Sand waves and some luck

We crossed the Great South Channel and started working on Georges Bank on Wednesday afternoon (August 15).  We are being blessed with excellent weather for working in this region, notorious for its rough seas, shoal areas and lack of any shelter from approaching storms.  Even in calm seas there is drama below the surface when working the shoal areas.  Last night we encountered an area of tremendous sand waves at station 30-7 which is located squarely in the shoal area of Georges Bank.  We were very lucky and missed having our bongo nets hit a 20-meter-high sand wave  (about 65 feet high, and one of several) by just a few minutes!  Instead we not only missed the sand, but were able to catch a tiny juvenile lobster about 15 mm long.  The station before that one, also on the shoals, had juvenile windowpane flounder and silver hake.  The flounder juveniles were up to 40 mm and the silver hake up to 50 mm in length.  All of these animals were caught using only our 61 cm diameter bongo nets, since we finished our Isaacs-Kidd midwater trawls yesterday.

Isaacs-Kidd Midwater Trawl being hauled aboard the Henry Bigelow. (Photo by Jerry Prezioso, NEFSC/NOAA)

bong nets and CTD

Bongo nets and CTD unit being deployed from the Henry Bigelow. (Photo by Sammi Ocher, Northeastern University)

sammi washing net

Sammi Ocher, Northeastern University graduate student, washing a plankton sample from the bongo net. (Photo by Jerry Prezioso, NEFSC/NOAA)

As I am writing this on Friday afternoon (August 17)  we are in Canadian waters, on the northeast peak of Georges Bank, heading for a station in the Northeast Channel.  We’ll be working our way back west across the northern flank of Georges for the remainder of today and part of tomorrow, then proceed on into the Gulf of Maine, where we have until Thursday afternoon to finish sampling before returning home.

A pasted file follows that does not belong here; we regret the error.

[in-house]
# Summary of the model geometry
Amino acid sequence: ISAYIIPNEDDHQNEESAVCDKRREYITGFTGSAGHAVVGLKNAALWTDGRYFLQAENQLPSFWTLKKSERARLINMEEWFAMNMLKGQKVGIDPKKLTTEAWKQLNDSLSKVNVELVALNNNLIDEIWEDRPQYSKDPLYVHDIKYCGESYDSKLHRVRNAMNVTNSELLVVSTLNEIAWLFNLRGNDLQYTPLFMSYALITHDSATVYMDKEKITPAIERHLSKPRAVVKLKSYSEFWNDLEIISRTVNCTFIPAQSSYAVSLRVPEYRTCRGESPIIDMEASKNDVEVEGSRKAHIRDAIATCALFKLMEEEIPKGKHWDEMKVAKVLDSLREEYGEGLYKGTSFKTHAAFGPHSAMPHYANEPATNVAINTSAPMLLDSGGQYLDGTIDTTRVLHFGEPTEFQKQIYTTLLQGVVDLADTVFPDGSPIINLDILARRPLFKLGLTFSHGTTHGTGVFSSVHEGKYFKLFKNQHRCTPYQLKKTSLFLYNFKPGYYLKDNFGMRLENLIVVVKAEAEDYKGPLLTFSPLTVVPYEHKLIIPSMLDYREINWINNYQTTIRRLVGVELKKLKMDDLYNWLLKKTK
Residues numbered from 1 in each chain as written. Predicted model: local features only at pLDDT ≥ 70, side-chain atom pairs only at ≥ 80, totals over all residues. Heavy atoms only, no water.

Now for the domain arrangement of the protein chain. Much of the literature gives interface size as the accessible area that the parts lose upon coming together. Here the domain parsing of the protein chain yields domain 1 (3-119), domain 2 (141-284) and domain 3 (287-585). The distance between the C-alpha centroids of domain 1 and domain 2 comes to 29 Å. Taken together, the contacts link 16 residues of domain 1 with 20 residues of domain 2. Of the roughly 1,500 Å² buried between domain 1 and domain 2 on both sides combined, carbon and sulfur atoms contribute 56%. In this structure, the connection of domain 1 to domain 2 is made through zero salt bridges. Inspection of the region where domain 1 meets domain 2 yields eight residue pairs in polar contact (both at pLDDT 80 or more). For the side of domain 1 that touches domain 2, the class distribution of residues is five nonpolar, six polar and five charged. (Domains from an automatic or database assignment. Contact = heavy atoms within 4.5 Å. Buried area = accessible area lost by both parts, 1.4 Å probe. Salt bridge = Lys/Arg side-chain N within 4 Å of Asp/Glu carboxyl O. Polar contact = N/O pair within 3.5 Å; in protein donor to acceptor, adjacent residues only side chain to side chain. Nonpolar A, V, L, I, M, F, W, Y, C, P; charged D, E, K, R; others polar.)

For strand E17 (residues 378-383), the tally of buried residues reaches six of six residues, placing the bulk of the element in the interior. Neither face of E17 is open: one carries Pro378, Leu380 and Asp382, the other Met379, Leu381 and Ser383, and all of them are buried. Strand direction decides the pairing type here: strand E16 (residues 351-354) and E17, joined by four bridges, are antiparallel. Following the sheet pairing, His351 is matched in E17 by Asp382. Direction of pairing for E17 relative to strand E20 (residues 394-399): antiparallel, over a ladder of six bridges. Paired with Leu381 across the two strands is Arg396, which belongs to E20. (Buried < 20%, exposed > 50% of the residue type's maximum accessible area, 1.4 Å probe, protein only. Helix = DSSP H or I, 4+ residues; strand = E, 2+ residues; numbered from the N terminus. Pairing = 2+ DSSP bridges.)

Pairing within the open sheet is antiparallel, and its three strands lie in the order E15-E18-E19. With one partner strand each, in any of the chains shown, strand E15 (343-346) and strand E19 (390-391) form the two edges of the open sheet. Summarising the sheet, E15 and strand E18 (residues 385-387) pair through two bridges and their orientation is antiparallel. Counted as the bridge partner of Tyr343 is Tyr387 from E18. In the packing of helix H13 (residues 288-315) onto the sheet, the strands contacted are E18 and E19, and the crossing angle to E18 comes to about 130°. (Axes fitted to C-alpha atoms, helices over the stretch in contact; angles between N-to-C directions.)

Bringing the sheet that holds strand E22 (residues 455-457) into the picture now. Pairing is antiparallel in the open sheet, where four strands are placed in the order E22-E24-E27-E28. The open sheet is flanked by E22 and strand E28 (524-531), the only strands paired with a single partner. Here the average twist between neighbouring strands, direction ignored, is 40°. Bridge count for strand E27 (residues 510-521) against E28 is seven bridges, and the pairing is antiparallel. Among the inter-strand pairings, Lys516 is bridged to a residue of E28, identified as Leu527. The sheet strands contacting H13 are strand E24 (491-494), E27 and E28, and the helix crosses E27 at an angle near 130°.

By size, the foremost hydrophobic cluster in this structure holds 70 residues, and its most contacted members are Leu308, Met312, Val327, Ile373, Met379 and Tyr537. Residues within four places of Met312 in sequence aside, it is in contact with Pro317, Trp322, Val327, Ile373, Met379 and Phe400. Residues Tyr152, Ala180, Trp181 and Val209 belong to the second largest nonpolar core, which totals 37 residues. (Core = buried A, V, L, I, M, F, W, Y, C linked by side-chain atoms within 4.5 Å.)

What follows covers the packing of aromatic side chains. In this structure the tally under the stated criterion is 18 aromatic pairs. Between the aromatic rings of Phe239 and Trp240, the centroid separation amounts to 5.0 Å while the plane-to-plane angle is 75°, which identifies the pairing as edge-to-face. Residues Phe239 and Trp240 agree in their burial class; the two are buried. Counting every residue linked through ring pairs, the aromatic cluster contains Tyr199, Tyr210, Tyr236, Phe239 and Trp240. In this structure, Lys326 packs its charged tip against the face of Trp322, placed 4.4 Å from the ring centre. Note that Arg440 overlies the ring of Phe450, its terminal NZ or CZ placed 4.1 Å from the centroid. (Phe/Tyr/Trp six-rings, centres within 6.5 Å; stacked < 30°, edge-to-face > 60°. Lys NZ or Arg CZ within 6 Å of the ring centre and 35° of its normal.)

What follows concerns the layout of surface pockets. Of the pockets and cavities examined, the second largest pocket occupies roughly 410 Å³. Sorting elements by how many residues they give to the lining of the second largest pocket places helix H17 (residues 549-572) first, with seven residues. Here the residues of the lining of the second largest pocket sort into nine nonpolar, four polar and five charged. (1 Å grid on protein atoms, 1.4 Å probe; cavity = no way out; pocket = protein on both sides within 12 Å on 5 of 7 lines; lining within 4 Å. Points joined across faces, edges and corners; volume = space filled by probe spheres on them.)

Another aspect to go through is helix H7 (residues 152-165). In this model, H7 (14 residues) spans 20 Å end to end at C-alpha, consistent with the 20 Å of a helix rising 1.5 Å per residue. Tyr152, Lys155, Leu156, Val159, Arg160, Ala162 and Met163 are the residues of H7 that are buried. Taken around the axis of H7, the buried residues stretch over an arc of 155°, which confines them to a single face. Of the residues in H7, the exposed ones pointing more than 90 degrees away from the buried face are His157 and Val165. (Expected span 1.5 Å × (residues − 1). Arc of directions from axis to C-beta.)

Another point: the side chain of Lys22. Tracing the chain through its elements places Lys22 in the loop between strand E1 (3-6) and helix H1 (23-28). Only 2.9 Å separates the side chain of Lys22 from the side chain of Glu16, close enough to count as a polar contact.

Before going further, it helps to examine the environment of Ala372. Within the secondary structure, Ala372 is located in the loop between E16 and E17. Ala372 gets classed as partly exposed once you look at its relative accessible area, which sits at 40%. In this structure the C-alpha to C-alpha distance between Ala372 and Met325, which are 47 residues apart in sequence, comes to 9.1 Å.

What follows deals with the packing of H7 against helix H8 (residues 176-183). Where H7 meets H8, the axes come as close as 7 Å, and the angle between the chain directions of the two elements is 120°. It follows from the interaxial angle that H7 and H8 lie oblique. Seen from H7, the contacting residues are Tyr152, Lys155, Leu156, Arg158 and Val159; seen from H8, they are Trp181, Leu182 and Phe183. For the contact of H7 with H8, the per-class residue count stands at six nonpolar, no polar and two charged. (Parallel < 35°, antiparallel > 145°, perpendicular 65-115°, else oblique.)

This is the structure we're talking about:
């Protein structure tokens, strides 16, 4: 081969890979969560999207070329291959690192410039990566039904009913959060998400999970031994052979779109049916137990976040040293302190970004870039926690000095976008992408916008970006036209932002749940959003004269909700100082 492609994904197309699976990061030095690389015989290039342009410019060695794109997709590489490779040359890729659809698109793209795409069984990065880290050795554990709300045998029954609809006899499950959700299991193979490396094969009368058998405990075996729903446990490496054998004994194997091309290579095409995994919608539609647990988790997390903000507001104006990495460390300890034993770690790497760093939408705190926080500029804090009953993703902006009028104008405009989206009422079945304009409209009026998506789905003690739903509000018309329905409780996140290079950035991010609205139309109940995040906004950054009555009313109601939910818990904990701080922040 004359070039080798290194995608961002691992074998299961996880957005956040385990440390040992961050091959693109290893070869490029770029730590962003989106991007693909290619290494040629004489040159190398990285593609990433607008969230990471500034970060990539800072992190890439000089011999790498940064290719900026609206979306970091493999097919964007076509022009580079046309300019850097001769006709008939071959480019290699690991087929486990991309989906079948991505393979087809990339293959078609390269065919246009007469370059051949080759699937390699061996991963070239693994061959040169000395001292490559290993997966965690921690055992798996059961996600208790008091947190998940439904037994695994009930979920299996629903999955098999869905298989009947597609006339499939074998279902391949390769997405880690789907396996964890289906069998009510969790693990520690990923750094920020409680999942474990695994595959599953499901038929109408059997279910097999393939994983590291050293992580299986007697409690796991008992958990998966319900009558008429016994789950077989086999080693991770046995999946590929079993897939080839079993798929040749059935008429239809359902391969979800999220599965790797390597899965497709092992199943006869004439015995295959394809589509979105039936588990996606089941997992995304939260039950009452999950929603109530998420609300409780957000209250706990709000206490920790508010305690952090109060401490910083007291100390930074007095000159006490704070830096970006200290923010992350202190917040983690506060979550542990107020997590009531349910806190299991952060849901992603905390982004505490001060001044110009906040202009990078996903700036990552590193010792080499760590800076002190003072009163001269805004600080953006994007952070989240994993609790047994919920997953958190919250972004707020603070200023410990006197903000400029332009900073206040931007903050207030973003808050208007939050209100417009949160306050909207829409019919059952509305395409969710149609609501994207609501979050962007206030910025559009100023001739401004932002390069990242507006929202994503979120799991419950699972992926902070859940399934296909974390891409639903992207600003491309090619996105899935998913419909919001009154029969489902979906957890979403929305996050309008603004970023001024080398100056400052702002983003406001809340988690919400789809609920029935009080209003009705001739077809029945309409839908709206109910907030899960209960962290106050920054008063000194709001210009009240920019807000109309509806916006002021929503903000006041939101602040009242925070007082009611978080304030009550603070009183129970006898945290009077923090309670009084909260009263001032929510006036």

juvenile fish

Silver hake and windowpane flounder juveniles caught on Georges Bank in the bongo nets. The silver kake at the top of the photo is 50 mm long (roughly 2 inches), the windowpane flounder in the middle is 40 mm long (about an inch and a half). (Photo by Jerry Prezioso, NEFSC/NOAA)


juvenile lobster

A juvenile lobster caught on Georges Bank in the bongo net. It is about 15 mm long, or just over a half-inch. (Photo by Jerry Prezioso, NEFSC/NOAA)

Net tow and bottom profile showing the tow profile of a bongo net on the left (purple line), and a 20-meter-high sand wave that the bongo nets just missed, on the right (blue line). Screen capture by Senior Survey Tech Jim Burkitt, MOC-A, NOAA.

Time will be tight, but with our continuing good weather, and everything (and everyone!) working at full capacity, we have a good chance, I believe, to cover most of the Gulf of Maine area.

Jerry Prezioso
Chief Scientist
HB 12-05 EcomMn/CliVEC cruise

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